London: When it comes to food shopping men are found to be better at it than women, who find themselves flustered and stressed in a supermarket environment.
The surprise findings emerged in a study of 2,000 people commissioned by The Co-operative Food. It found that one third of females get themselves into a complete flap when they do the weekly shopping.
Despite being organised shoppers, women dislike crowds, feel rushed at the checkout and are always shocked at the price of their purchases.
This, despite being organised and armed with shopping lists, money off-coupons, tissues, vouchers and recycled carrier bags.
In contrast, three quarters of men quite enjoy their food shopping experience and are happy to navigate their way around the aisles searching out products.
Men are less forgetful about what they want to buy, are less likely to feel rushed by the cashiers and are more methodical at the checkouts.
“We suspect one of the key reasons why women are more agitated in the supermarket is largely because they are rushing round trying to conduct the shopping as quickly as possible,” the Daily Mail quoted Helen Nunn, Head of Marketing at The Co-operative Food, as saying.
“Doing the food shop will be one item on a massive list of jobs, and something which simply has to be done at speed.
“Men seem to adopt a much more laid back and methodical approach, taking their time looking for bargains and make sure they’re getting the most for their money,” she said.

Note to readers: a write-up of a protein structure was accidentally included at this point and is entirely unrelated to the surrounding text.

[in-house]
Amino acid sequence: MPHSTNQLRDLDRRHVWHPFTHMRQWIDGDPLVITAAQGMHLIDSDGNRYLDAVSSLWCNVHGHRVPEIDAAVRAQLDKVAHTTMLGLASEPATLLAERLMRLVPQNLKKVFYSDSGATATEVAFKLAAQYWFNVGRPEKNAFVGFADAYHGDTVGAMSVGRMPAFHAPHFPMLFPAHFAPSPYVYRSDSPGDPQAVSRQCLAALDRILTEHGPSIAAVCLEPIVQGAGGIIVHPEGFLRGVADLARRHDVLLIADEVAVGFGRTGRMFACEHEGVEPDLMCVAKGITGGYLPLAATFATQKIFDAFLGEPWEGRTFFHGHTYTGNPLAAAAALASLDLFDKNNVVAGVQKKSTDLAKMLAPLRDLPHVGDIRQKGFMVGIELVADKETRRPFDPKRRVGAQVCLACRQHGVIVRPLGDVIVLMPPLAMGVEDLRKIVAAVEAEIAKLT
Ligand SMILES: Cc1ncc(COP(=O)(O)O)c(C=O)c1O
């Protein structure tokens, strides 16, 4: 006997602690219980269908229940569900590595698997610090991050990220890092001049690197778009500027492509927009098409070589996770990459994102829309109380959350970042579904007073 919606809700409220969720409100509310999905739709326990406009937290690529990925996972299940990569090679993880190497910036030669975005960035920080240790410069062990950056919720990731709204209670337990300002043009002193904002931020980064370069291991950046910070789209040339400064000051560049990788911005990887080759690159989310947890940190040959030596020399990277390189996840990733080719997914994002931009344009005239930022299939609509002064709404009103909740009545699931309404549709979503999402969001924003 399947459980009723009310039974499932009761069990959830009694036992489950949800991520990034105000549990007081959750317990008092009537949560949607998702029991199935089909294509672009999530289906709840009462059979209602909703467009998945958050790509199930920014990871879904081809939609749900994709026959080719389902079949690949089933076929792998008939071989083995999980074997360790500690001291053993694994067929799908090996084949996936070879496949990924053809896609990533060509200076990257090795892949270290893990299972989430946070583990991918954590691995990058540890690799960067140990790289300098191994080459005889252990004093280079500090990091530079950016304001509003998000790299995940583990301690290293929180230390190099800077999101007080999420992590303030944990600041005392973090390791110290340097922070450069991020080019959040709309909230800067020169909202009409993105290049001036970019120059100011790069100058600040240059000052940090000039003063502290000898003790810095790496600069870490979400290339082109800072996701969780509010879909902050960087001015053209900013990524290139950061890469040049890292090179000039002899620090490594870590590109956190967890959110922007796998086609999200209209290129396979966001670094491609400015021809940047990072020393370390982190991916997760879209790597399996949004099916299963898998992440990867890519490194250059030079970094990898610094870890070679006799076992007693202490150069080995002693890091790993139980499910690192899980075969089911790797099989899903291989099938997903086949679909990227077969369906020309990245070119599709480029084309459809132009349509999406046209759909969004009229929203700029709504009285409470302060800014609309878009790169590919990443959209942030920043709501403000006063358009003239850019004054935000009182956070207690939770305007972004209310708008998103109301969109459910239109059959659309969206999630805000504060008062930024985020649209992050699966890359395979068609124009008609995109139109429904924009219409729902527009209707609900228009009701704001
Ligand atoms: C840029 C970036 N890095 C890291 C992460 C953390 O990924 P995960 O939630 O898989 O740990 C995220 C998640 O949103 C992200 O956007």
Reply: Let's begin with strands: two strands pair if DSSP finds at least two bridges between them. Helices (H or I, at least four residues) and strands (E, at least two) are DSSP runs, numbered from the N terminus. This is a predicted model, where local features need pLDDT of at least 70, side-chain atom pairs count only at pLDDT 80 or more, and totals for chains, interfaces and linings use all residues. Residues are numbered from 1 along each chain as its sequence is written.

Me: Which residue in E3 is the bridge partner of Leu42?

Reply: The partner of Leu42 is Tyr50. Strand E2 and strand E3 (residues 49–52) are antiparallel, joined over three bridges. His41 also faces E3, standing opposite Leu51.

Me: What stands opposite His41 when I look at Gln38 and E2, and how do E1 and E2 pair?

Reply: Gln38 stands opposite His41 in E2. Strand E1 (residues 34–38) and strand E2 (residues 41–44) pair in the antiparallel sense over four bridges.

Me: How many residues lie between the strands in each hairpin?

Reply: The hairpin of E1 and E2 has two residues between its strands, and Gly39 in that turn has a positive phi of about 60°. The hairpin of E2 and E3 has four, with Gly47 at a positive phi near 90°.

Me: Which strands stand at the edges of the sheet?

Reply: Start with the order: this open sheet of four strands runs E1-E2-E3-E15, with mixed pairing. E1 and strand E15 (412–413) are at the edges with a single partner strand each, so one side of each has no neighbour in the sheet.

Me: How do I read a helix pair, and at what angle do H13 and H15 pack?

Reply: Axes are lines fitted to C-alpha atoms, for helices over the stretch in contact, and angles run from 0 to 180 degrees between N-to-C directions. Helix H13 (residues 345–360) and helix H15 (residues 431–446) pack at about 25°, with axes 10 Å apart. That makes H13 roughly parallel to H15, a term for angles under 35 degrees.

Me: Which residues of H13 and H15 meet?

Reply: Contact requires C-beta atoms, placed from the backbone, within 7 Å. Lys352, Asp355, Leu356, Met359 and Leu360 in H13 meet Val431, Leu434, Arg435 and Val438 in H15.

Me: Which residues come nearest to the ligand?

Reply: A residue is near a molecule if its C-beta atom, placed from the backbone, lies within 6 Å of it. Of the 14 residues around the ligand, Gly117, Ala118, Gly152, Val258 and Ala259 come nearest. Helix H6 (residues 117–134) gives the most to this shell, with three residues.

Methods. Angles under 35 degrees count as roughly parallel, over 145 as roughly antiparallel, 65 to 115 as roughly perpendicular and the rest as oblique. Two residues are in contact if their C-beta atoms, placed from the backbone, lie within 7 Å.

The survey shows two thirds of females dislike battling the crowds in the supermarket to get at what they want and 34 per cent hate it when other people’s children get in their way.
One in 10 women even admitted to having an argument with another shopper in the supermarket - either because of trolley rage, fighting over the same item or queue jumping.
Four in 10 women can’t stand feeling rushed when the cashier scans items too quickly so they struggle to get everything into the right bags and 35 per cent claim they are shocked every time they reach the till and realise how much they have spent.
While 51 per cent of men are most likely to opt for brands they know the best, 26 per cent of women will simply buy anything that appears on offer.
But the poll suggests women are the savvier shoppers as they are less baffled by all the different brands in the shop and are more likely to ask for help if needed.
As a consequence, eight in 10 women always come home armed with bargains compared to 67 per cent of men.
But men are happy to use technology to get what they want in the supermarket - being more likely to whip out their mobile phone to compare prices or download vouchers as they shop.
“Both men and women are consciously becoming savvier shoppers because of the current economic climate, but it’s clear from these findings that they’re using different approaches to net their bargains,” said Nunn.
“This study suggests men have more time to stroll around and use their mobile to check out deals and compare prices online, and that’s resulting in a new breed of male supermarket shoppers,” she added.